Creating a more random int?

Magnus Lycka lycka at
Wed Jan 25 09:40:10 EST 2006

Steven D'Aprano wrote:
> But all joking aside, the random number generator used by Python is one of
> the best in the world. What is at fault is your intuition about what
> random numbers should look like, not the random number generator.

This is a well known problem, and there are methods to detect
"too good to really be random" results in both research and
accounting, based on statistical analysis of the numbers.

The only thing the original poster really needs to understand
is that chance has no memory. If you roll a dice, and it's not
loaded, the chance that it will show a particular value is
always one in six. All values are as likely. It doesn't matter
that you've rolled 6 five times in a row. The change that the
dice will come up with a 6 a 6th time is is still 1/6. I.e.
it's as likely as any other particular value. Ten sixes in a
row is just as likely as any other sequence of numbers. The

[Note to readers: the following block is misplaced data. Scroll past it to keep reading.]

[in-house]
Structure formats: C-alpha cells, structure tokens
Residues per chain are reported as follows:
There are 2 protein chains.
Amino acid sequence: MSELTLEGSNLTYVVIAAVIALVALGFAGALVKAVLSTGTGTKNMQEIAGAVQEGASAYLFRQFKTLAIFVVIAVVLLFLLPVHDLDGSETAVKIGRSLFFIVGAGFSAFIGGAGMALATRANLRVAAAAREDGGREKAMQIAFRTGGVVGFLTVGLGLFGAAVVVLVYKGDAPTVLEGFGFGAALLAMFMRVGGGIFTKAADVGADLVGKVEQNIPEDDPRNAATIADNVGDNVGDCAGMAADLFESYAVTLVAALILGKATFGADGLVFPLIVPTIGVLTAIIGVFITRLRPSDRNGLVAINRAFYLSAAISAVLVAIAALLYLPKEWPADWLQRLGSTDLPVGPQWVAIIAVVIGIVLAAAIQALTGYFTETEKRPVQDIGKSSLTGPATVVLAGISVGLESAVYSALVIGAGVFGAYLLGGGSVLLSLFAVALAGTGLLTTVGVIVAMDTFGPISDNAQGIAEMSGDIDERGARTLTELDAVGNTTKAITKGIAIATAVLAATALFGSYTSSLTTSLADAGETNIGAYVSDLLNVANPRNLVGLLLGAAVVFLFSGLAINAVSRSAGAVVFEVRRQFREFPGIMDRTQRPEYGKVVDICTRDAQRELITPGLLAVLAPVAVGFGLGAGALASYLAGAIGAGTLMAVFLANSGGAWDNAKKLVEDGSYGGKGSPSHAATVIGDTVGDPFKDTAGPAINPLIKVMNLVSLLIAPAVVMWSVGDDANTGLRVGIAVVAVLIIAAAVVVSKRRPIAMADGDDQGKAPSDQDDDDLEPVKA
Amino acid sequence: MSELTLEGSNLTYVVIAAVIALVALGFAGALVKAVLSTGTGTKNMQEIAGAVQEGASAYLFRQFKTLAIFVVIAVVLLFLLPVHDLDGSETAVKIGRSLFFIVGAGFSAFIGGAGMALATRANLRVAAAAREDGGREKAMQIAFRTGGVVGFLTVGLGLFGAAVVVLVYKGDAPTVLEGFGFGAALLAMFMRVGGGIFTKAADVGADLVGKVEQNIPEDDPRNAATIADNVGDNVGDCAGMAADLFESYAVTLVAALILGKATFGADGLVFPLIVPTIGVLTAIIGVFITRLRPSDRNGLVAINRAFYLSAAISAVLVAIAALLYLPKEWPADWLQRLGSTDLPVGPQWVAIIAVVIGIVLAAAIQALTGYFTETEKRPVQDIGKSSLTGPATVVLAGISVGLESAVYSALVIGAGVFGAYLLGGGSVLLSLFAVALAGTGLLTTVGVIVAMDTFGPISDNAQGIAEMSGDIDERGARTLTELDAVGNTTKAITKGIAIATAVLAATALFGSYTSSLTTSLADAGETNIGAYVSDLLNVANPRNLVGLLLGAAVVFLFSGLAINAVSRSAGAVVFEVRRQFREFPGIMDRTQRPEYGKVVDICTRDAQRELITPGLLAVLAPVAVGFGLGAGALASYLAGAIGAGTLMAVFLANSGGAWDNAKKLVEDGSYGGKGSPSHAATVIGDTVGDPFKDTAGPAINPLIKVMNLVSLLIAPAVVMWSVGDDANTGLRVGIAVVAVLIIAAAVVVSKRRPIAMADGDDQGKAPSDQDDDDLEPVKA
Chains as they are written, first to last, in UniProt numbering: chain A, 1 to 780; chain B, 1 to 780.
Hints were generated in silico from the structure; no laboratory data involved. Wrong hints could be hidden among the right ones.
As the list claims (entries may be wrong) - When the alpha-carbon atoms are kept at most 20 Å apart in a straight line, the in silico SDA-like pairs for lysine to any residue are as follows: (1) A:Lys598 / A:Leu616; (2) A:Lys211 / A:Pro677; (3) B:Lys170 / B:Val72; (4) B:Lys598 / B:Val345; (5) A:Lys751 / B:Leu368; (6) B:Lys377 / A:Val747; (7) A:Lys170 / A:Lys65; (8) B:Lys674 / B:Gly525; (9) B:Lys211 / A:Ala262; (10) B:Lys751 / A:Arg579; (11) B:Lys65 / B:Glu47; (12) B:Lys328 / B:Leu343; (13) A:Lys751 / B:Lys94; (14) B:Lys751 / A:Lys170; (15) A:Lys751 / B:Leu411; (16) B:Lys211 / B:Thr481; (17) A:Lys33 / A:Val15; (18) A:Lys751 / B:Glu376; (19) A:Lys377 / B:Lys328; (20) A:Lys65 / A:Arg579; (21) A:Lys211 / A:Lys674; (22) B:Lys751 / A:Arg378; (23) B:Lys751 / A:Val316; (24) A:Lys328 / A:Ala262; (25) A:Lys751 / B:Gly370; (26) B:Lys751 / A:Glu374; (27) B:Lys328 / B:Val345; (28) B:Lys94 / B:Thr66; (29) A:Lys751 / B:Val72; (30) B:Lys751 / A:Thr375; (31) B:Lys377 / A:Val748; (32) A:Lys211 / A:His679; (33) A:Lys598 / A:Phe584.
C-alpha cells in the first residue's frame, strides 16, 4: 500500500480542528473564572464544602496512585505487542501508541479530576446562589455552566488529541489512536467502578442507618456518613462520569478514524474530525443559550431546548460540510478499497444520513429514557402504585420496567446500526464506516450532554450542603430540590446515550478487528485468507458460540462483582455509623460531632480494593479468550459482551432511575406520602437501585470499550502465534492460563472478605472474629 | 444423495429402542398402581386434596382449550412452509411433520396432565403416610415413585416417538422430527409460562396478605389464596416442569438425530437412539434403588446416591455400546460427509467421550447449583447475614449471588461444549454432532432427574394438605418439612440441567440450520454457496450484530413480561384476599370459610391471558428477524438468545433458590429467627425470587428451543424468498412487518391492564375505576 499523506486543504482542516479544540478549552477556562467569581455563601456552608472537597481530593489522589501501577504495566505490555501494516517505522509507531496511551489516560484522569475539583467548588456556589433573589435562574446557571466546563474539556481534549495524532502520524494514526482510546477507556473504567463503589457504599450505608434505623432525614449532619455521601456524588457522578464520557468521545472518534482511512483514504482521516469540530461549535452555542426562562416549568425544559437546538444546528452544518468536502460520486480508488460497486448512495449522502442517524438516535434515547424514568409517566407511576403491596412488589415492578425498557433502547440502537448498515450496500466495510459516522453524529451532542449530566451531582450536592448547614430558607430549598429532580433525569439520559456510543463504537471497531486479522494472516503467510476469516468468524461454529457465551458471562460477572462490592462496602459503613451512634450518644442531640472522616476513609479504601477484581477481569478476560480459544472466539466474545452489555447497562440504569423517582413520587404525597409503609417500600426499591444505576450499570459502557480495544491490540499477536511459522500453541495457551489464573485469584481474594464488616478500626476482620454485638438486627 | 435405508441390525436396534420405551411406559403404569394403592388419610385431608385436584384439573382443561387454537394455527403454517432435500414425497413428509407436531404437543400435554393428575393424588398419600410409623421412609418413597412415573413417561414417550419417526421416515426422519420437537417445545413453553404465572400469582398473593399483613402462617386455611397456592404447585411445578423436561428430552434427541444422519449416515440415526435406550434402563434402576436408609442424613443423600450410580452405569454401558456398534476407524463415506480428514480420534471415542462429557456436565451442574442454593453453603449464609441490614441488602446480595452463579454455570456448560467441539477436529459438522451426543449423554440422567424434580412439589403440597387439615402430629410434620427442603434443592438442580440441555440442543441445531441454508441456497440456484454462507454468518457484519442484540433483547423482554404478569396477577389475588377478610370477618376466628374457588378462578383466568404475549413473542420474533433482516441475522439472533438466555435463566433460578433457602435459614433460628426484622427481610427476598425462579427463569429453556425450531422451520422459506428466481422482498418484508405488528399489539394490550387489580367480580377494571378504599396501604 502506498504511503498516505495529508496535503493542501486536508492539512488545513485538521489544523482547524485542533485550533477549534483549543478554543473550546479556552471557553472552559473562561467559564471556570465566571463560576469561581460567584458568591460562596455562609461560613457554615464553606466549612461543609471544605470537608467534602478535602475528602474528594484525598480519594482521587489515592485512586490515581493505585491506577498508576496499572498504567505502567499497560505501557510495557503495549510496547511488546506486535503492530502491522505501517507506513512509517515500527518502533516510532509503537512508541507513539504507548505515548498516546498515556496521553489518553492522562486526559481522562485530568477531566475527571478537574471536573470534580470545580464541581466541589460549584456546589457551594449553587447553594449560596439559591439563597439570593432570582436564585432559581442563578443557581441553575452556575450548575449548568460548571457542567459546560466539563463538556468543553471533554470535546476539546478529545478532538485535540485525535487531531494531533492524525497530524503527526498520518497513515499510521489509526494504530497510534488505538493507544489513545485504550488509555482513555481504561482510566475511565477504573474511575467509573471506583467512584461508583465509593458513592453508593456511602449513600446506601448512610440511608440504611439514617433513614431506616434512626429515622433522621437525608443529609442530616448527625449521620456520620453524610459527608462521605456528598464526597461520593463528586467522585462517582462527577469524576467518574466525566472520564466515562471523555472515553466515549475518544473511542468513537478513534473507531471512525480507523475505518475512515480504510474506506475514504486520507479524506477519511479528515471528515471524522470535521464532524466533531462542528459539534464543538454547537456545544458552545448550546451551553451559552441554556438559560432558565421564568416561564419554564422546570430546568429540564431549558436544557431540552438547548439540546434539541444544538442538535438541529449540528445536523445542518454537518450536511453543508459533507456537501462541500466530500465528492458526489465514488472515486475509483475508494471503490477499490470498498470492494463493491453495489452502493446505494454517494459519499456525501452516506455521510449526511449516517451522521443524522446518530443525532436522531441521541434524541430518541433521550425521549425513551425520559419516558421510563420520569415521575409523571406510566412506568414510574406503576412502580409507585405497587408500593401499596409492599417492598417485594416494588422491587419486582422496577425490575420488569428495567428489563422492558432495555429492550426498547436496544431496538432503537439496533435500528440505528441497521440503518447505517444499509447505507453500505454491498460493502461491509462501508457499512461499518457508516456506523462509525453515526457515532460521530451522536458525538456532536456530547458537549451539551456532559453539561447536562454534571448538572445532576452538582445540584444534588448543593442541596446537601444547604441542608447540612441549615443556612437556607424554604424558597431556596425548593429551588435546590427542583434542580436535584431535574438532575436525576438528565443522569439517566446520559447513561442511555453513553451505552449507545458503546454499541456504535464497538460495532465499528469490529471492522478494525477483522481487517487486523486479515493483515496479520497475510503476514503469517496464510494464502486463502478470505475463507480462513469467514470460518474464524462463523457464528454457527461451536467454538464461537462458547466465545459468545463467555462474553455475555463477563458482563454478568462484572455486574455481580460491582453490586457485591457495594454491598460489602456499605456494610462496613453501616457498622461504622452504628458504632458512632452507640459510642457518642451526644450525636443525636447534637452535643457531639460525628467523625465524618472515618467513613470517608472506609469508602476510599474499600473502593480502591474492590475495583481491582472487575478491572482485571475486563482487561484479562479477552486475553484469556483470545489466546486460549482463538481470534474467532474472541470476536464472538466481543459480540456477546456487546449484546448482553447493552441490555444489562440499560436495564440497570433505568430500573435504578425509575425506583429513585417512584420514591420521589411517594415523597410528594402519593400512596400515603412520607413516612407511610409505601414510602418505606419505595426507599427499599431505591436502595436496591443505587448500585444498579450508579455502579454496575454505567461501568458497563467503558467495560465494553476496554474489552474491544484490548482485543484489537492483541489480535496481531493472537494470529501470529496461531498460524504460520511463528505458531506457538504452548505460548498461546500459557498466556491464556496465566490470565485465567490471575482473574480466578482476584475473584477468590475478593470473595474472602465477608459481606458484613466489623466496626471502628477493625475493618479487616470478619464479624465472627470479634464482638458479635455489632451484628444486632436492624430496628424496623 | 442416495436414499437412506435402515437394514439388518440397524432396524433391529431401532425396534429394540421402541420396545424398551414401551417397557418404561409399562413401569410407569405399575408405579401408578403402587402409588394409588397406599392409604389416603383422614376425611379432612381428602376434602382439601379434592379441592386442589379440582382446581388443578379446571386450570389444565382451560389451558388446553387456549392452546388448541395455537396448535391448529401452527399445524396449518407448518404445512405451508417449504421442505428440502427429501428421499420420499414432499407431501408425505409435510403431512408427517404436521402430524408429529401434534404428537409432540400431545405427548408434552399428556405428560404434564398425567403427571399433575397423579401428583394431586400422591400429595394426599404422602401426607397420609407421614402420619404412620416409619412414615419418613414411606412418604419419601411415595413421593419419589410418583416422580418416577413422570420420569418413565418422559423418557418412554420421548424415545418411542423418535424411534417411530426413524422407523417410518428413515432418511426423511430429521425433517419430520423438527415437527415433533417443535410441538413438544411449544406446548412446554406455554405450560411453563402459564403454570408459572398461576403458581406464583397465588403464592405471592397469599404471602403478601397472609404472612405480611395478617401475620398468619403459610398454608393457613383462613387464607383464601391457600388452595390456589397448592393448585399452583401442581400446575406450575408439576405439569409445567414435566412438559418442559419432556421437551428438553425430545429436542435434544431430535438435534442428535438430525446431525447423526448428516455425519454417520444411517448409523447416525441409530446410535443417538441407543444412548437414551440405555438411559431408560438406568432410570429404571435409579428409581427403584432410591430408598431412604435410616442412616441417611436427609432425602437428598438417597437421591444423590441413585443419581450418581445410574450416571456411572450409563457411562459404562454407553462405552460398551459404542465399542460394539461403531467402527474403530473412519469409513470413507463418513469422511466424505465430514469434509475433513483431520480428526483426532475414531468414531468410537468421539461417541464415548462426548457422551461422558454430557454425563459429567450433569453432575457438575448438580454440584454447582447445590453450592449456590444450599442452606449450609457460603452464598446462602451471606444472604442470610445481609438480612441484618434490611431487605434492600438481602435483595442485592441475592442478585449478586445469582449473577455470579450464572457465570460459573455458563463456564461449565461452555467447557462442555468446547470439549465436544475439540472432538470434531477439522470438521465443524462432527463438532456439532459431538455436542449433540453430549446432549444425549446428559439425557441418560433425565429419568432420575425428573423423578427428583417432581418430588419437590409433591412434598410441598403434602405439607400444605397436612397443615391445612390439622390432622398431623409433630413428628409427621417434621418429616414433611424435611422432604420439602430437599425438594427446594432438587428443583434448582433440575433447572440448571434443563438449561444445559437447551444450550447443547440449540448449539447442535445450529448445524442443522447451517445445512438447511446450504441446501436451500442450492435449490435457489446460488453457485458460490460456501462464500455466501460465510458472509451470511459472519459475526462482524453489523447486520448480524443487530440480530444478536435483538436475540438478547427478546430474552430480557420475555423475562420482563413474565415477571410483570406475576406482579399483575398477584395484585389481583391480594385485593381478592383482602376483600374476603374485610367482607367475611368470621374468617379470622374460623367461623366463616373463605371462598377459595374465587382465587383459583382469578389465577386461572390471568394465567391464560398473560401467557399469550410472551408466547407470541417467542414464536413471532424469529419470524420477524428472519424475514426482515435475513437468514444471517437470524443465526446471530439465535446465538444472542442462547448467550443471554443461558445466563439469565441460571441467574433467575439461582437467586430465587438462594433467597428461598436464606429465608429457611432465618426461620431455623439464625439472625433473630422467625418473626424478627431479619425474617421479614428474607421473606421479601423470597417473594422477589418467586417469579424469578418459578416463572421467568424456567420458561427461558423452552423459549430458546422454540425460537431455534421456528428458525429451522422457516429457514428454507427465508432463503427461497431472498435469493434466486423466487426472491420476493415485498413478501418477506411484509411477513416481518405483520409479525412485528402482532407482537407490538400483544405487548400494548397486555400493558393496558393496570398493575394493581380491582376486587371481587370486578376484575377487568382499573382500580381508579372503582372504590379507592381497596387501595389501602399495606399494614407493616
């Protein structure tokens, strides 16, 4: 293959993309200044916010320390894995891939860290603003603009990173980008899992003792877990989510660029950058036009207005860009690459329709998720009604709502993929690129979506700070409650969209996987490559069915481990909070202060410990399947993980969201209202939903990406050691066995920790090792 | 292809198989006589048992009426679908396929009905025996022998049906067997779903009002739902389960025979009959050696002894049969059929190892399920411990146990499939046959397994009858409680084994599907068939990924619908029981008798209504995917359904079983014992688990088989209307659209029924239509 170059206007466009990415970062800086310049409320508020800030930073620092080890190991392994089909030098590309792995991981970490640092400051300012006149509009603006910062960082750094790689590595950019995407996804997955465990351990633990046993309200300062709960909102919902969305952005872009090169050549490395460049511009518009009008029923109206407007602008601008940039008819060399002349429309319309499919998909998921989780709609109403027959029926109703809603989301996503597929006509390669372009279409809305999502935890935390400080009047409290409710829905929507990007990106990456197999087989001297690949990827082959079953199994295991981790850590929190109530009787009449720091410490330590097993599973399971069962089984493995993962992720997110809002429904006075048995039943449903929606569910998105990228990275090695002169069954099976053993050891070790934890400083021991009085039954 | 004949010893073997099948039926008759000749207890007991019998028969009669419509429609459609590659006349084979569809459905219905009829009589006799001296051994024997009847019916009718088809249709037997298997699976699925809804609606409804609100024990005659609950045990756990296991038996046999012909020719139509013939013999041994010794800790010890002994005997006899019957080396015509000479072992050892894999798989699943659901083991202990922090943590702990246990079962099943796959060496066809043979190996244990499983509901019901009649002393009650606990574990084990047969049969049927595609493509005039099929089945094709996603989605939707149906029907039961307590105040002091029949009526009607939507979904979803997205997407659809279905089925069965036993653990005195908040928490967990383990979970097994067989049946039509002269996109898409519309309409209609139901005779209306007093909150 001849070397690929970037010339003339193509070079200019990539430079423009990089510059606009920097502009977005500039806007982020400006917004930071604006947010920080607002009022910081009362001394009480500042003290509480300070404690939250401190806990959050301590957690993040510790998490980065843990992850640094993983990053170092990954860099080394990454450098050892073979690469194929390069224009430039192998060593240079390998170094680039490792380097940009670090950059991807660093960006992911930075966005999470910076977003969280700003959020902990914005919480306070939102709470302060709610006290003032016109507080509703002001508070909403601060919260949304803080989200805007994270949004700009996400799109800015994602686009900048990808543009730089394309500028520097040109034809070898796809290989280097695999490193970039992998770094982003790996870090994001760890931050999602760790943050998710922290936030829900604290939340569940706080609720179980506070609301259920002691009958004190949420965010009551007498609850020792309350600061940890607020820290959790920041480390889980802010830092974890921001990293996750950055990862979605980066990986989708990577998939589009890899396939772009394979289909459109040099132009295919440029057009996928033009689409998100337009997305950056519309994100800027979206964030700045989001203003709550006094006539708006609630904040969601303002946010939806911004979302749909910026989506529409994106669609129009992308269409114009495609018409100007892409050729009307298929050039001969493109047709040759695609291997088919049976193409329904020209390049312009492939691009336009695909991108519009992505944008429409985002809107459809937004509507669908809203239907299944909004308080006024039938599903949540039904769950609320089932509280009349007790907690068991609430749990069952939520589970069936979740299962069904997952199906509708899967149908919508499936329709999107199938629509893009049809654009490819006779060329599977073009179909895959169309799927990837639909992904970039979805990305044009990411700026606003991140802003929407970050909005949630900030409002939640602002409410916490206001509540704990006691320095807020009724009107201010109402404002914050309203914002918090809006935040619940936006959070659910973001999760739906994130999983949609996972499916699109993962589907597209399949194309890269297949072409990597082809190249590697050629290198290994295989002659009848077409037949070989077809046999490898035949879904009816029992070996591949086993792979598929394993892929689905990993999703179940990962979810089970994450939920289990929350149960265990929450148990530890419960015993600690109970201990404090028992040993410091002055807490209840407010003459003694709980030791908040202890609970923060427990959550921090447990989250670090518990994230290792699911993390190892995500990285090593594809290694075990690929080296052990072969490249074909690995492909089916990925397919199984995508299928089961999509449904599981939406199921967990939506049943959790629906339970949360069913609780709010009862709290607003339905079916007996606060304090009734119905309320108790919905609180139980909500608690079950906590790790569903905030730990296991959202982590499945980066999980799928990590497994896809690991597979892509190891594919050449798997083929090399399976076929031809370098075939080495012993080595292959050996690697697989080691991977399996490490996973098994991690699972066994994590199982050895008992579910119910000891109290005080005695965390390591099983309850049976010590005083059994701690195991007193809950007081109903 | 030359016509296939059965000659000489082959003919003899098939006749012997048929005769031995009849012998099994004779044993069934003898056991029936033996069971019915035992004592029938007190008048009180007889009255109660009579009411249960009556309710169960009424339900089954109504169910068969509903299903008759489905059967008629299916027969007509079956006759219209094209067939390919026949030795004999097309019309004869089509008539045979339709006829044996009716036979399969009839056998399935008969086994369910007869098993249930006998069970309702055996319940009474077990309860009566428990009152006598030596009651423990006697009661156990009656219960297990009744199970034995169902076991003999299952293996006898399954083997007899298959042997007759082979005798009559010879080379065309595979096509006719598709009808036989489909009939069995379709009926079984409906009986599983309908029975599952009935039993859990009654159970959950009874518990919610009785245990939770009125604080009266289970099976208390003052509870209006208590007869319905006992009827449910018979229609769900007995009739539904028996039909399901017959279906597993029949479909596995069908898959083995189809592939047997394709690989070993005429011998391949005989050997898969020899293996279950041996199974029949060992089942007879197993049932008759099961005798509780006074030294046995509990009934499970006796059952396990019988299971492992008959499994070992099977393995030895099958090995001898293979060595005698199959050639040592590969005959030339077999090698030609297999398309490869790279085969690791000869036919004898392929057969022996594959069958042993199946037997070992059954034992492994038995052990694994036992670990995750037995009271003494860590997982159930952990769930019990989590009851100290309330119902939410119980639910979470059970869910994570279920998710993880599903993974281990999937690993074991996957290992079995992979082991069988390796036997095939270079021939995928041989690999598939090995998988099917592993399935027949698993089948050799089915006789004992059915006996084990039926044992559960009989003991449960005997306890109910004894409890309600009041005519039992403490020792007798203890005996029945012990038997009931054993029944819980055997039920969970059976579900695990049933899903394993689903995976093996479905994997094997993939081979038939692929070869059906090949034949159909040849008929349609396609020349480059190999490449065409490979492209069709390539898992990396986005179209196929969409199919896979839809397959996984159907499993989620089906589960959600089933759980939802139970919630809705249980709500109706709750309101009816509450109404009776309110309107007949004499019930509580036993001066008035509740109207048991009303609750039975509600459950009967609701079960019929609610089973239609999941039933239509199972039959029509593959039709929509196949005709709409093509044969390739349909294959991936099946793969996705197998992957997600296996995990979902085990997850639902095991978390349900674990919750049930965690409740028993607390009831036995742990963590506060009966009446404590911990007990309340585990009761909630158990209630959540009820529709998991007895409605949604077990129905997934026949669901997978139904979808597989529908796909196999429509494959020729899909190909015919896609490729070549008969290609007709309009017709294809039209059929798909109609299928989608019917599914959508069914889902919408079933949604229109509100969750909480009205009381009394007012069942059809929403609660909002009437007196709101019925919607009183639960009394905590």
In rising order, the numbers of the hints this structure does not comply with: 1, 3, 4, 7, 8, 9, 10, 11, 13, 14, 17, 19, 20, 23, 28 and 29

chance for any sequence to occur is 6**-10.

Die rolls are not like drawing cards from a deck of cards, where
there are fewer queens left once we've drawn a queen.


P.S. Since I was a kid, I've heard people say: So you're born
on new years day--how unusual. Sigh... We humans have a very
good ability to spot things that seem to stick out from the
ordinary, such as dates that look particular, or the number
7 popping up thrice in a row. We also need to realize that,
while these things that stick out help us find significant
things, there are also a lot of "false positives"...

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